Yet further, note that the combination of switch 151 and switch 161 are coupled in series between the input voltage 121 and a ground reference voltage.

For example, the drain node (D) such as node 132-1 of the switch 151 is coupled to the input voltage source, Vin. The source node (S) of switch 161 is coupled to a ground reference. The source node (S) of the switch 151 is connected to the drain node (D) of the switch 161 at corresponding node 133-1.

Inductor 144 is coupled between the node 133-1 and the output 112 of the power converter 135.

The output capacitor 125 is coupled between the output of inductor 144 and ground. As previously discussed, the output of the inductor 144 is connected to the load 118.

In one embodiment, the power converter 135 operates in a constant on-time control mode in which the controller circuitry 240 and corresponding ON-time controller 140 generate respective ON-time pulses for a respective ON-time duration over each of multiple control cycles to maintain the magnitude of the output voltage 123 in regulation such as within a desired voltage range.

FIG. 3 is an example diagram illustrating an ON-time controller according to embodiments herein.

As shown, the ON-time controller 140 can be configured to include multiple resistors R11, R12, R13, R14, and R15), amplifier 325, switch QO, current digital-to-analog converter 315 including multiple switches (Q1, Q2, Q3, . . . , Qn, P1, P2, P3, . . . , Pn), capacitor C1, voltage reset switch 355, comparator 335, and buffer 365 (such as an S-R flip-flop).

In general, current source 385 produces current 303 to produce ramp voltage 375. Current source 385 includes resistor R11, resistor R12, amplifier 325, switch Q0, resistor R15, and current digital-to-analog converter 315. As its name suggests, the current source 385 produces current 303 supplied to capacitor C1 to produce a ramp voltage 375.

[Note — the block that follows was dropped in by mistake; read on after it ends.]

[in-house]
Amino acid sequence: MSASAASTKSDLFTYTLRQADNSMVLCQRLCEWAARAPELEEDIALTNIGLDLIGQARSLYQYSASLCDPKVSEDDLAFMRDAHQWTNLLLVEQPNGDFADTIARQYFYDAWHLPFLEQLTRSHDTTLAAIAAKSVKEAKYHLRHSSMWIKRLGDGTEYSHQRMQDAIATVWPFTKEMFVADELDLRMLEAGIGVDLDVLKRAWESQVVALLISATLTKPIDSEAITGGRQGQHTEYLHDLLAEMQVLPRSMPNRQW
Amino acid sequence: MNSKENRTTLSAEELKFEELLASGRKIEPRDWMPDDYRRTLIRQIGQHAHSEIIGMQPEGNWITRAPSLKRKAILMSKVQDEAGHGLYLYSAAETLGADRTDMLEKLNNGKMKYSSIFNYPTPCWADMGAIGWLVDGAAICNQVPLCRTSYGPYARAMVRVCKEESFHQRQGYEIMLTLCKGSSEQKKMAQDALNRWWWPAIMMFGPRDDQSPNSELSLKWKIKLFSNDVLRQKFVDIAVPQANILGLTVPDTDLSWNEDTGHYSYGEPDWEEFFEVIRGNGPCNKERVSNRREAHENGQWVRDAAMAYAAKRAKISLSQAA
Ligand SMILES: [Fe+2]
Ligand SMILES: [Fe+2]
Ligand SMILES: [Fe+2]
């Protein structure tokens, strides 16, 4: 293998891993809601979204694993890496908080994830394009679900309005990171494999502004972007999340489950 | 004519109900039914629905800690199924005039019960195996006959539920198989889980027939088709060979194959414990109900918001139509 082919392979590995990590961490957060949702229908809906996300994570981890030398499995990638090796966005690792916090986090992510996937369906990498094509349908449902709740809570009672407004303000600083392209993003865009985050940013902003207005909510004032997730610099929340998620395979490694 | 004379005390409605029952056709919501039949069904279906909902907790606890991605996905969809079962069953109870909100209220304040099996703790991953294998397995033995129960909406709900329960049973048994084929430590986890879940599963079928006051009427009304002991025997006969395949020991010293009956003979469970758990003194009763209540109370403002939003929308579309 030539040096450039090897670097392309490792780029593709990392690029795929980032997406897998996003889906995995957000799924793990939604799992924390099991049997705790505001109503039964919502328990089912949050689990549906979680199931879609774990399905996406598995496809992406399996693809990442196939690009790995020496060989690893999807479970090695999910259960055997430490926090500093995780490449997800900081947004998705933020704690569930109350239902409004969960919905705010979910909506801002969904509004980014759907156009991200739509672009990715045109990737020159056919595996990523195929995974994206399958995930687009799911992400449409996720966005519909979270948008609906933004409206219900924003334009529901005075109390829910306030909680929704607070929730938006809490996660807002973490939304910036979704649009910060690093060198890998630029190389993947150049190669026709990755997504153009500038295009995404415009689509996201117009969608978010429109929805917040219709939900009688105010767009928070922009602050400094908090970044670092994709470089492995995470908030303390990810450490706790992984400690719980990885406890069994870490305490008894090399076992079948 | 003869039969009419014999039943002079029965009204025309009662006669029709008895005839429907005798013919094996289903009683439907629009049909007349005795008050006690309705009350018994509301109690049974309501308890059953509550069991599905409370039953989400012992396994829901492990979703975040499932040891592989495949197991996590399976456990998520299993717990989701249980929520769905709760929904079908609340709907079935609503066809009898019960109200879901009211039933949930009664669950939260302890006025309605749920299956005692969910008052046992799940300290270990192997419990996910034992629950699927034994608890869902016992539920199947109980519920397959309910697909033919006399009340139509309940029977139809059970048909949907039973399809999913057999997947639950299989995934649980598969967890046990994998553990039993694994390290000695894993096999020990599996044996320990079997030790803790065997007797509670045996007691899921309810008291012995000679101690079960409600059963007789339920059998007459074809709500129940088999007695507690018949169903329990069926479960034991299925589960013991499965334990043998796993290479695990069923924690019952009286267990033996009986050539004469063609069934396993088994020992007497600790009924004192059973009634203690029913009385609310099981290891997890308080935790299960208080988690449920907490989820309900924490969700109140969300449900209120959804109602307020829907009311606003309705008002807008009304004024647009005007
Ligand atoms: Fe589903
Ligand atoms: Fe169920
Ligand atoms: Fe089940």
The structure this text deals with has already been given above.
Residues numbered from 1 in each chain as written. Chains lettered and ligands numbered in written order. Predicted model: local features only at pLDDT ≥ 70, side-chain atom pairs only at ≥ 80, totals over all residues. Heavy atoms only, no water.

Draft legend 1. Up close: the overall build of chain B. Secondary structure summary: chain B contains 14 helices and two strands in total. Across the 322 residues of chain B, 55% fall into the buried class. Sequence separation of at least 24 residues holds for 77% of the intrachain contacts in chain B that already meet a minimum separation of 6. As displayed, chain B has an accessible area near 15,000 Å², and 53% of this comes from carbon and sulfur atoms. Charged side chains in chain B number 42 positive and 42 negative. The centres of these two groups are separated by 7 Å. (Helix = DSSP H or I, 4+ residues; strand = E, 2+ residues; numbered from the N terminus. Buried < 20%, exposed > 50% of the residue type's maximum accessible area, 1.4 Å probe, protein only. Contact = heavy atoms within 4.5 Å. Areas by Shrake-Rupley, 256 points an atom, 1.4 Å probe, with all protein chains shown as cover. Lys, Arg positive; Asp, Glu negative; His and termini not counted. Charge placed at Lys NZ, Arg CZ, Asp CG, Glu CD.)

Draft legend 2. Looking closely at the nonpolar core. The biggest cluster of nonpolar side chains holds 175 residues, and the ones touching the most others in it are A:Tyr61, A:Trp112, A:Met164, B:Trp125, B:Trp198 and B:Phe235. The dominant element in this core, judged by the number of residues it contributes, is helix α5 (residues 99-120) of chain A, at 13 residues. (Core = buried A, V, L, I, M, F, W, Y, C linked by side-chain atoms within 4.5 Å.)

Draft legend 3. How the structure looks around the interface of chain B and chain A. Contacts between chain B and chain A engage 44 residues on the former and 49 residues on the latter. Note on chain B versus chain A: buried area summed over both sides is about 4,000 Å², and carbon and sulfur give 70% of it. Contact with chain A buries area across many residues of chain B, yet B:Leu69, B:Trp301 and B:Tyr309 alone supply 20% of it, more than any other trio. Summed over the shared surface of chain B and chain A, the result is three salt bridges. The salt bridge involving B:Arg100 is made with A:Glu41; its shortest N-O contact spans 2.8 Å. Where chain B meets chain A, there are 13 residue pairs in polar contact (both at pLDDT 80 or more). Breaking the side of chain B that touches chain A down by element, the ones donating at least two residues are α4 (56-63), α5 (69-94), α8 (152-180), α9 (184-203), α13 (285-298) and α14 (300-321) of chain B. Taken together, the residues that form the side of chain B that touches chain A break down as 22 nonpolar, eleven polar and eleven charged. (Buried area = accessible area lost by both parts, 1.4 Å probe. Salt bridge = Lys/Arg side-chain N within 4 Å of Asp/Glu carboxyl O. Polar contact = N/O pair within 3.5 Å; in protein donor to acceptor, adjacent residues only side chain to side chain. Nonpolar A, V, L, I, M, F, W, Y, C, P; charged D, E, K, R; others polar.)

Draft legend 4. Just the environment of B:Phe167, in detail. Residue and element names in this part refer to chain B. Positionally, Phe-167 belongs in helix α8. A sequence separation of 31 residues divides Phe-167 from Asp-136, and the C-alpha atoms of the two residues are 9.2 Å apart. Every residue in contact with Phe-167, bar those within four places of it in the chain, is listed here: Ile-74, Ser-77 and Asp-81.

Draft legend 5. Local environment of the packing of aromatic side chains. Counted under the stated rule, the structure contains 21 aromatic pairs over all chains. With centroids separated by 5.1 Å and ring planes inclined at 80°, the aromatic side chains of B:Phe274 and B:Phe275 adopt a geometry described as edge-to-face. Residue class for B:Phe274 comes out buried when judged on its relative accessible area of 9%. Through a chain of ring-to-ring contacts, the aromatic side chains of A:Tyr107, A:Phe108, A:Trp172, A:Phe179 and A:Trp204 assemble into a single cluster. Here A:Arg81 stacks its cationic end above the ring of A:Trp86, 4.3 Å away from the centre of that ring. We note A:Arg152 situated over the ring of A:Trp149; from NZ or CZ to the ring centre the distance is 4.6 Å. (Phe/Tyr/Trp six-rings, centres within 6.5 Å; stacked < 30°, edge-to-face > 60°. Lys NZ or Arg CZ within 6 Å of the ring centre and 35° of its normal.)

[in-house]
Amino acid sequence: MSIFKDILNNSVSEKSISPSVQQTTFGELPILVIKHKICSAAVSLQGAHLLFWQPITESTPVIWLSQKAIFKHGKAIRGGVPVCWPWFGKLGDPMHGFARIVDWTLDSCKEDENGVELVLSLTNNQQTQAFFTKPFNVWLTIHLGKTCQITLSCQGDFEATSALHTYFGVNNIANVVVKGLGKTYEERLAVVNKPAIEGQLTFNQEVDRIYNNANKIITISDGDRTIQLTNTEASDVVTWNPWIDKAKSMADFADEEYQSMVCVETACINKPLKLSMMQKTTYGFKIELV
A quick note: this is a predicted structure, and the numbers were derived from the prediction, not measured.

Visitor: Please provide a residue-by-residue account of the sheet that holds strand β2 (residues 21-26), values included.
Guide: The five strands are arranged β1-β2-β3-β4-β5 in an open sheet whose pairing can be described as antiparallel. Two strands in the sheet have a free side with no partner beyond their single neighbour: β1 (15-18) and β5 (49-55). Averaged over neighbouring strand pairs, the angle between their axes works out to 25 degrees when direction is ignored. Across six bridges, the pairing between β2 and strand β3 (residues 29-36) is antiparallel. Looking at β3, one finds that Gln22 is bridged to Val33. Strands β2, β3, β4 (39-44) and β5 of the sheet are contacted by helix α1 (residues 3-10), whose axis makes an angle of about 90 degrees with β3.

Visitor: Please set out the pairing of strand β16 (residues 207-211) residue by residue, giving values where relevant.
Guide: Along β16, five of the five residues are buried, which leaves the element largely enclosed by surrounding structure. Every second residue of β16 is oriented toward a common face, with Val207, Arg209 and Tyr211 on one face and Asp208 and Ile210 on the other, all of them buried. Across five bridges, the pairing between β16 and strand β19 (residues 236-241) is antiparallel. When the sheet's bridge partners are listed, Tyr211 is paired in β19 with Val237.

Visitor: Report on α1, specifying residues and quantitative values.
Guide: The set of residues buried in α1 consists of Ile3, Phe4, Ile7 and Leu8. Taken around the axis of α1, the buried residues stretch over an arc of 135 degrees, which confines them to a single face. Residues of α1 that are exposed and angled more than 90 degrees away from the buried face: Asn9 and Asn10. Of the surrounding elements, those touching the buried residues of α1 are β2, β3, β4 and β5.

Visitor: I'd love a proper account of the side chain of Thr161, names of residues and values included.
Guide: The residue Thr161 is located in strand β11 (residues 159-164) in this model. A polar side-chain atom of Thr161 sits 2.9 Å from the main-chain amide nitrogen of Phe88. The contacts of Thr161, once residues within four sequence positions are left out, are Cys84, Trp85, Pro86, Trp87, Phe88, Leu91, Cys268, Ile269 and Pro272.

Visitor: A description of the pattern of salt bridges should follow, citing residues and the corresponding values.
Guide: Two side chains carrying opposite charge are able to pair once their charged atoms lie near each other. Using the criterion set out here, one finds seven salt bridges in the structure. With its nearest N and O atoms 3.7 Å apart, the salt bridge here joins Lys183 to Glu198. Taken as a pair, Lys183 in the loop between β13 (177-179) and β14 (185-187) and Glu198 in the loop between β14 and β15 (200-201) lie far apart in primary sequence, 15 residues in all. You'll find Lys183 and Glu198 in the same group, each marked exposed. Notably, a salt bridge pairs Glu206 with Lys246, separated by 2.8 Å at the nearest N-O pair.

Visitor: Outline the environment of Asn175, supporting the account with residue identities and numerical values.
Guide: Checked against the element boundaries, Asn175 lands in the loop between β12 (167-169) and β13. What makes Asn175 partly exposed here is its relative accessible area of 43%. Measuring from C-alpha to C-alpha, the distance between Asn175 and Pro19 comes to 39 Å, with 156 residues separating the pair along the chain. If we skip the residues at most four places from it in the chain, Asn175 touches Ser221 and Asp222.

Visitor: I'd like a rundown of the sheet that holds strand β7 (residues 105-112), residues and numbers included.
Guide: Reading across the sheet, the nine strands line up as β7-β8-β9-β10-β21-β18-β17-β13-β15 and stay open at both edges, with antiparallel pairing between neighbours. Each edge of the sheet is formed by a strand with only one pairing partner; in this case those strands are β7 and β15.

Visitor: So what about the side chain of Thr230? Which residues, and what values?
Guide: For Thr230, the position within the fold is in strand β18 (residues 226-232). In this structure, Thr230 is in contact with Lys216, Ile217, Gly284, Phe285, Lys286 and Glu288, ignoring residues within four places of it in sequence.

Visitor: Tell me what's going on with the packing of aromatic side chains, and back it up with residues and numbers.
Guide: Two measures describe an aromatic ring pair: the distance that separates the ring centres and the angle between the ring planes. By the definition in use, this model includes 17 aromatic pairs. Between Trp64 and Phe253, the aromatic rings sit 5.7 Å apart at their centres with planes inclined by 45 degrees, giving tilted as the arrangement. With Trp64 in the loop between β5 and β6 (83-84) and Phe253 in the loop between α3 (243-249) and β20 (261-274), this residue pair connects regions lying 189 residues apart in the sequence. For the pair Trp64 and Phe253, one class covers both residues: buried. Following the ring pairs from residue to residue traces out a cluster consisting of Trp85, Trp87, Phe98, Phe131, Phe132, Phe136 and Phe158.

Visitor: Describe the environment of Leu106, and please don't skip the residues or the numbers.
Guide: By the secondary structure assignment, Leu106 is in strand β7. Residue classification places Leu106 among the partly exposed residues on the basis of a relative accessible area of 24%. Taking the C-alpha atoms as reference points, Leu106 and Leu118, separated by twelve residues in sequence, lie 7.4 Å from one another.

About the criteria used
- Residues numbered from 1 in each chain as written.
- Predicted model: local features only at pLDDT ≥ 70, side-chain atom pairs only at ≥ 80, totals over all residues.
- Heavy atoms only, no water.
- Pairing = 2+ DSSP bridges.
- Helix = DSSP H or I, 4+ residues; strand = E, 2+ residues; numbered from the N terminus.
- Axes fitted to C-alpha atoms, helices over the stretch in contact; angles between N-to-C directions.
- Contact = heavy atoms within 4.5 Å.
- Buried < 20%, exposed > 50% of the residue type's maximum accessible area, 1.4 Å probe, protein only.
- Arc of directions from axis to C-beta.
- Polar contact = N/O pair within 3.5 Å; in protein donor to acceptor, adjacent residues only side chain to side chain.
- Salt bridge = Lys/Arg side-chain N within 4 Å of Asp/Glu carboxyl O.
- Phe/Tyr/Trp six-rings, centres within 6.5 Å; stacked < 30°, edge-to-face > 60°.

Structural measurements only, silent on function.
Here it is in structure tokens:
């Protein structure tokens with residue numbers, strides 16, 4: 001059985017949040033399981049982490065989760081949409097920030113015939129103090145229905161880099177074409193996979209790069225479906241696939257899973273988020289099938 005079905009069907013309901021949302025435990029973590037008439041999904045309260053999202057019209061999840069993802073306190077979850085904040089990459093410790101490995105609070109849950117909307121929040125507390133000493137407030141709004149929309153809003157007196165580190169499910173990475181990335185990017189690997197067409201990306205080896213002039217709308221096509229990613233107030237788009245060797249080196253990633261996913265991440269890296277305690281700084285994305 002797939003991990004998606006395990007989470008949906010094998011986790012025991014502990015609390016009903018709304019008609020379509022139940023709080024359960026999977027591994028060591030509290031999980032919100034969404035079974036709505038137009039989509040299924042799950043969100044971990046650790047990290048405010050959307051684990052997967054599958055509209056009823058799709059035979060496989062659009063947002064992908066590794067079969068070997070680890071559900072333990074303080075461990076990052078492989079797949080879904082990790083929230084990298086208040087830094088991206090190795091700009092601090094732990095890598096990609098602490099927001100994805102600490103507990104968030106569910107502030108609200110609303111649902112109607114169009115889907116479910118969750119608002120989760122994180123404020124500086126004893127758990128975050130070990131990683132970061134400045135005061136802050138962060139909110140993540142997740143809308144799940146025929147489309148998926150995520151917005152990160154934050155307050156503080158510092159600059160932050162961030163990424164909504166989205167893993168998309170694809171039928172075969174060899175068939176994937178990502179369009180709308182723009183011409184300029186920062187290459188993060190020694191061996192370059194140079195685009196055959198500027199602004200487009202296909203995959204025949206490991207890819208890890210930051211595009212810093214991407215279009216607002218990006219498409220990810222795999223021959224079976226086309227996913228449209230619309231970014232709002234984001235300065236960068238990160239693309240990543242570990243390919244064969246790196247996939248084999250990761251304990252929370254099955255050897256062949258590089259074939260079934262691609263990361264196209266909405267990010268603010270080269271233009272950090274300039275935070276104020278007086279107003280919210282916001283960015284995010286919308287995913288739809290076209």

In this example embodiment, compensator 150 produces adjustment signal 103 as described herein, such as providing source or sink current that adjusts a rate of the ramp voltage 375.

As further shown, resistor R11 and R12 are connected in series. Node 391 is set to a voltage value VV1 equal to [R12/(R11+R12)]×Vin.

The voltage value VV1 at node 391 is inputted to the non-inverting input node (+) of the amplifier 325. The non-inverting input (−) of amplifier is coupled to node 392. Resistor R5 is connected between the output of switch Q0 (node 392) and ground. Thus, the inverting input of the amplifier 325 is coupled to the node 392 between the switch Q0 and resistor R15. A combination of amplifier 325 output supplied to switch Q0 controls operation of the current source 315 (such as a digital-to-analog converter or other suitable one or more components).

During operation, as previously discussed, the current source 315 produces an output current 303 that produces a ramp voltage 375 at node 393 of the capacitor C1. For example, a combination of amplifier 325, resistor R15, switch Q0 and current digital-to-analog converter 315 is a voltage-to-current converter. The magnitude of the current 303 outputted from the current digital-to-analog converter 315 varies in relation to the input voltage 121 and corresponding voltage VV1 at node 391. In one embodiment, the current 303 is substantially constant but may vary depending on voltage VV1 if it changes over time.

Based on a comparison of the control signal 105 to the setpoint frequency 125, the compensator 150 produces the adjustment signal 103.

For example as further discussed herein, if the switching frequency of the control signal 105 is greater than the setpoint frequency 125, the adjustment signal 103 sinks current from capacitor C1 to the ground reference, increasing the ON-time duration, which decreases a switching frequency of the control signal 105 while operating in a constant ON-time control mode of controlling the switch over multiple control cycles.

If the switching frequency of the control signal 105 is less than the setpoint frequency 125, the adjustment signal 103 sources current to the capacitor C1, decreasing the ON-time duration, which increases a switching frequency of the control signal 105 while operating in a constant ON-time control mode of controlling the switch 151 over multiple control cycles.

If the switching frequency of the control signal 105 is equal to the setpoint frequency 125, the adjustment signal 103 (current) is set to zero amps, resulting in no effect to the switching frequency of control signal 105.

Thus, via adjustment signal 103, the compensator 150 also controls (modifies, if needed) a ramp rate of generating the ramp voltage 375.